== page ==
By Brian Williams, Anchor and managing editor
The "breaking news" banners are up on all the cable networks as a result of what we learned toward the end of our afternoon editorial meeting, when our own Kelly O'Donnell called in from the White House to report a health abnormality regarding the vice president. While to simply report that he was taken to George Washington University Hospital is a bit misleading, because his doctor is based there, it does appear he has an electrical problem with the upper chamber of his heart -- an irregular heartbeat. Many Americans live regular lives with such a condition (ideally one that is properly treated) but because Vice President Cheney is who he is -- doctors are taking all precautions. We are right now re-arranging the broadcast to fit this story in -- we also have stories tonight about transportation, politics, the economy, Russia and more including the first of our special series on African-American women. Because my time is short and the hour is late, I'm thrilled that this is one of those days when my friend and co-conspirator Andy Franklin has written the great piece below.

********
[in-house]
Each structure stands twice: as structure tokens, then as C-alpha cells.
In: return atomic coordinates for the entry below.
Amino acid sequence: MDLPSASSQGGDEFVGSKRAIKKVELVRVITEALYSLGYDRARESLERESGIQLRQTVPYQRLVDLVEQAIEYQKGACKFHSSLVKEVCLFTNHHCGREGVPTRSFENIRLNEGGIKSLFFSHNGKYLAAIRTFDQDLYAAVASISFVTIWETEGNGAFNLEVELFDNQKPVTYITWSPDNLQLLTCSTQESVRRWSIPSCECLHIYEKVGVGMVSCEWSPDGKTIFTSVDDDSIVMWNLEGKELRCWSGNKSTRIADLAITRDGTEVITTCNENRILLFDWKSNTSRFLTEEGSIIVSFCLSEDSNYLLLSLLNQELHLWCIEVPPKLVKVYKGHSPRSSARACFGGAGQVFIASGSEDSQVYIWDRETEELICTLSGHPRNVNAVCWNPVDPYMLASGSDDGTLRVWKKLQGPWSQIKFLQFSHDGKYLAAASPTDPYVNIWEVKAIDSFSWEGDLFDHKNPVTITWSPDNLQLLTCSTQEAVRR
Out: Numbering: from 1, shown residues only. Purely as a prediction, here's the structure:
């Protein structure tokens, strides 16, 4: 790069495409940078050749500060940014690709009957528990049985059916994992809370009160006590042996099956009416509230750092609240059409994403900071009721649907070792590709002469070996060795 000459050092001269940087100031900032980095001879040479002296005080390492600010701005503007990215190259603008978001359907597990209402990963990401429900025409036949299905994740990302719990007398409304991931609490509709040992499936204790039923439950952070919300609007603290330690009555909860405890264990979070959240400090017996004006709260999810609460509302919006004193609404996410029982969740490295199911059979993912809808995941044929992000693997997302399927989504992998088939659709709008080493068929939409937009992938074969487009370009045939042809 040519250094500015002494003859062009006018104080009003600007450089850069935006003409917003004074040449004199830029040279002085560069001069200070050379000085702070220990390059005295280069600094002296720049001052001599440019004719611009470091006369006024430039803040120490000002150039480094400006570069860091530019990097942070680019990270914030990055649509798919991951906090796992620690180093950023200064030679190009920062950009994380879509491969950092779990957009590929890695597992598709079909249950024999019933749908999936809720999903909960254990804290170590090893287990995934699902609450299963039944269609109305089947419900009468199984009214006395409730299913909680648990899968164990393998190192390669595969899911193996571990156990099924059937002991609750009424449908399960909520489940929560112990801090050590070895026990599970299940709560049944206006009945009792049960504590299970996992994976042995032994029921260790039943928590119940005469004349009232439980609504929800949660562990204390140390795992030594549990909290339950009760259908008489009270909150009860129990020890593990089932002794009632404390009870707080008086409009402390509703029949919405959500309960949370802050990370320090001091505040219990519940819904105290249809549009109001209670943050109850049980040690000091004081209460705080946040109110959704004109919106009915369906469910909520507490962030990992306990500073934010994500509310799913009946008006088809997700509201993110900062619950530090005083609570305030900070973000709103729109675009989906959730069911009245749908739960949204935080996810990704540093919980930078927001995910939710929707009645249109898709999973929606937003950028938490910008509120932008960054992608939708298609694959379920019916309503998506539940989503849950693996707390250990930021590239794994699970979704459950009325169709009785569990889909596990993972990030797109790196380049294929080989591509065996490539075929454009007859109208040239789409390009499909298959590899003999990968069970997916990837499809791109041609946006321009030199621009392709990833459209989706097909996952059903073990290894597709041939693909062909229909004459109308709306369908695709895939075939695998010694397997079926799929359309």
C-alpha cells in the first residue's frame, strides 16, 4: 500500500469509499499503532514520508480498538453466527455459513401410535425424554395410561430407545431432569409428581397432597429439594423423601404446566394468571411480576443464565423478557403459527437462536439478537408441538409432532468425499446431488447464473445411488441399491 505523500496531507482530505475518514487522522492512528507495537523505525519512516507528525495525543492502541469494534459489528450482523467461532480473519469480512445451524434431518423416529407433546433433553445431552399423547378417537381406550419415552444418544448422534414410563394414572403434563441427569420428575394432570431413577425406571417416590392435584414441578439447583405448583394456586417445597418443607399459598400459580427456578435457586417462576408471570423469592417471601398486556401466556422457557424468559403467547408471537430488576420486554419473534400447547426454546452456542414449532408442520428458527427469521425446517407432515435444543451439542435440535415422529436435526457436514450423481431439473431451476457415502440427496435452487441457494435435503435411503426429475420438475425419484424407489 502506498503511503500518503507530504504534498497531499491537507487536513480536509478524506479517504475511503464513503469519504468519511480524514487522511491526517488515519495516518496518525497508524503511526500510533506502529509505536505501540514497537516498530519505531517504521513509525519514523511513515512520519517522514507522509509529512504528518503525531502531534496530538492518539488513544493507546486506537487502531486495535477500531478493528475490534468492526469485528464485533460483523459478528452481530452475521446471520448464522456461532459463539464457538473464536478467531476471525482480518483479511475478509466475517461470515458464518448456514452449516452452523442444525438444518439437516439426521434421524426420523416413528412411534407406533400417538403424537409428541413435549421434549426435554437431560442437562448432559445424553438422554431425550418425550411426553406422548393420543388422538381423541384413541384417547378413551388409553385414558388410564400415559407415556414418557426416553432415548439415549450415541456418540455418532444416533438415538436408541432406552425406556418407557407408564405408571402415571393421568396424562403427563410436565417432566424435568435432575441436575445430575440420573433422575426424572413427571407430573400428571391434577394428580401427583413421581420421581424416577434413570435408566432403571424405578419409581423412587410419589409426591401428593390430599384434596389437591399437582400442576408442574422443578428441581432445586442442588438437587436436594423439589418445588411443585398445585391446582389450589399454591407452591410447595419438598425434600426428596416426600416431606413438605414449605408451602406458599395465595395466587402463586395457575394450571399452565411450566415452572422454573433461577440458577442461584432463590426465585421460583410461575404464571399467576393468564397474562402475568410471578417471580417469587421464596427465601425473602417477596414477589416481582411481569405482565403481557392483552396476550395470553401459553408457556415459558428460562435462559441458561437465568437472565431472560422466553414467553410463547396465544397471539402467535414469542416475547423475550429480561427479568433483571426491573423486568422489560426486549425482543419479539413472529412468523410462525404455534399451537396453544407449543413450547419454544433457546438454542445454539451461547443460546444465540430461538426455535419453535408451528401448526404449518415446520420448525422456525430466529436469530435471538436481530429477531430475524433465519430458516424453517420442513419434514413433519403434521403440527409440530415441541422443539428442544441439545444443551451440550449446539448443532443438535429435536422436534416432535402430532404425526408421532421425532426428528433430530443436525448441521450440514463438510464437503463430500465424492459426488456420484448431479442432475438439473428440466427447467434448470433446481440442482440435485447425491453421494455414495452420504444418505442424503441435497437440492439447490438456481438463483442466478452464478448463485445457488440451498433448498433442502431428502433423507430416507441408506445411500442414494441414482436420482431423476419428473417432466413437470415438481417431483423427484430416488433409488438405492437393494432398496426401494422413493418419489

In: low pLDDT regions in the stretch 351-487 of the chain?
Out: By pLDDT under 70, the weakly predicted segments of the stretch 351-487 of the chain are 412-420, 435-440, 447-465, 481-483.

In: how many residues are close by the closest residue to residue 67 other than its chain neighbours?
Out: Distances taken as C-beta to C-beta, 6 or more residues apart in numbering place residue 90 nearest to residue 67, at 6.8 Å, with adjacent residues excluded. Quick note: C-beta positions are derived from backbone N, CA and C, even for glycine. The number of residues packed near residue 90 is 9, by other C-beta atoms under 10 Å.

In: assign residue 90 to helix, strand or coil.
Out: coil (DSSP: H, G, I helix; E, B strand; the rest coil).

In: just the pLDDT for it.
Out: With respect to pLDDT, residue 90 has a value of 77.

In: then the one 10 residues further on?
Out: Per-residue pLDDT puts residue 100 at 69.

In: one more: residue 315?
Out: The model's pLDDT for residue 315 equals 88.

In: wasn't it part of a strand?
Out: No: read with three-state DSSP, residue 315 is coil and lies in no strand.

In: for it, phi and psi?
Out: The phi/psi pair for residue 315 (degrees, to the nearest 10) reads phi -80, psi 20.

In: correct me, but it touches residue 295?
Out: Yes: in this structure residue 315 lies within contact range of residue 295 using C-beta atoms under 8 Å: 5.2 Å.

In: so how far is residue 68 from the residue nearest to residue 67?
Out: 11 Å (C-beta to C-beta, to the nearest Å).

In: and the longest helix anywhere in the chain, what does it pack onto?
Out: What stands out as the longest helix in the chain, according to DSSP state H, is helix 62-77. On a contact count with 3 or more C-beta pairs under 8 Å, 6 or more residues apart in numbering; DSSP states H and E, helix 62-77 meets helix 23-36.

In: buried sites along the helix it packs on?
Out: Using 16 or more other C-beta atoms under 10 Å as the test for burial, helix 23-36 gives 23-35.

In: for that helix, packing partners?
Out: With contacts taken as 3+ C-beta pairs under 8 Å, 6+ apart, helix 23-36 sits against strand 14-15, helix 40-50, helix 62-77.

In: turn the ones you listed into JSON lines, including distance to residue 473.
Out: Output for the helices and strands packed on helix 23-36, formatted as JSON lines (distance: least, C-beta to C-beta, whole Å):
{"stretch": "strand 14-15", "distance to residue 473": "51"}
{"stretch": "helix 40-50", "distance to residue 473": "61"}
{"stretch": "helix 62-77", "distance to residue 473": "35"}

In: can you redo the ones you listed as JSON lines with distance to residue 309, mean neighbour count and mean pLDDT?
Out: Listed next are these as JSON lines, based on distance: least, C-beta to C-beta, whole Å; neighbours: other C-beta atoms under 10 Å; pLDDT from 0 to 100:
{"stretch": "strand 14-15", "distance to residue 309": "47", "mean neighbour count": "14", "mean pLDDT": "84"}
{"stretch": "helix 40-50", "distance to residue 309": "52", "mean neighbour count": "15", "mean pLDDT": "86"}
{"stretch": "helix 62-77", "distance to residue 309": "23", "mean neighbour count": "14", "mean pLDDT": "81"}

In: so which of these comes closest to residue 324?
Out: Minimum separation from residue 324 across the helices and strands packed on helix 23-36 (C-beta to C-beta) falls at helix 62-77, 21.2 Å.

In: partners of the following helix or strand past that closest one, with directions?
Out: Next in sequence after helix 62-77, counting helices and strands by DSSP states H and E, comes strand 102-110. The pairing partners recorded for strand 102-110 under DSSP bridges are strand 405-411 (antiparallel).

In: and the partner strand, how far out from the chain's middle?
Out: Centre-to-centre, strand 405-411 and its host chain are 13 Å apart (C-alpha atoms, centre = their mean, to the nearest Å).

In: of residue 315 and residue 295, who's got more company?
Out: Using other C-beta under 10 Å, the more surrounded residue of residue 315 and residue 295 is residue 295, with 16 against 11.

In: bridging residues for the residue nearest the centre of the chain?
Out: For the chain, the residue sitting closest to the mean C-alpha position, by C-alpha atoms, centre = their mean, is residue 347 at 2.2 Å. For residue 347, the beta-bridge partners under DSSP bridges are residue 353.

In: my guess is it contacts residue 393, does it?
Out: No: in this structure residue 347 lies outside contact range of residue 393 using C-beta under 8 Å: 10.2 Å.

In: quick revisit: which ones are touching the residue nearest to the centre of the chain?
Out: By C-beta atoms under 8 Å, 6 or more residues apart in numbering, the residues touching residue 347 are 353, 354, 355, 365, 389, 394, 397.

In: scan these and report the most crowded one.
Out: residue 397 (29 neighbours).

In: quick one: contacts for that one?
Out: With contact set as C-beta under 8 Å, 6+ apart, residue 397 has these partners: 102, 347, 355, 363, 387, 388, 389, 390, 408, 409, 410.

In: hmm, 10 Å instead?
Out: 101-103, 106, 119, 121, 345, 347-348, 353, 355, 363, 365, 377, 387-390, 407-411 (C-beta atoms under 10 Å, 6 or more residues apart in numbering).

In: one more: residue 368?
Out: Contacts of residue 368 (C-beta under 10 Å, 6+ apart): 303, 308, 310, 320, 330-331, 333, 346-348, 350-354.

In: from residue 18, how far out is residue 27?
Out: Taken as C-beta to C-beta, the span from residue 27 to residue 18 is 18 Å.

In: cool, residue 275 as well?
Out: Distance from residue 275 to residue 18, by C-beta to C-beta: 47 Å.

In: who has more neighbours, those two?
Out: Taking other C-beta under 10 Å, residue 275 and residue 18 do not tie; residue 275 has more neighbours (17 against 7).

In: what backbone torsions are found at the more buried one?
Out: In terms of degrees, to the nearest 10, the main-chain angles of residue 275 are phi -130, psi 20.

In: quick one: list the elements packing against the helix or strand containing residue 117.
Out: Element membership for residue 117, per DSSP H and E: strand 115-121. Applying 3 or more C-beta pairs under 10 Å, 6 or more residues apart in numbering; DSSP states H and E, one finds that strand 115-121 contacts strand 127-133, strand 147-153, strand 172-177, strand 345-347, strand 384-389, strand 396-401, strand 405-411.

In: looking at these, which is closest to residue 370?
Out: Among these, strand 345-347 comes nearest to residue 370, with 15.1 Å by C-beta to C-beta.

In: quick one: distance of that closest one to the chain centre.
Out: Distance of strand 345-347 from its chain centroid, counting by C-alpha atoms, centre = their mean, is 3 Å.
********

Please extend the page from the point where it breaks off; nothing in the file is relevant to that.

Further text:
As Time Goes By
There haven't been many movies made so far about the war in Iraq -- or the war in Afghanistan. And the ones that do get made usually struggle to find an audience. That was pretty much the case during the war in Vietnam as well; most of the movies we associate with that war -- Apocalypse Now, Platoon, The Deer Hunter -- came out years after the war itself was over. That wasn't the case with World War II. Perhaps because it was a more popular war, or because it was fought in an era before television, the Second World War was repeatedly dramatized and mythologized on the big screen even as its battles were being fought. One of the best examples of that also happens to be one of the most beloved films of all time: Casablanca, which premiered in New York City on November 26, 1942 - 65 years ago today.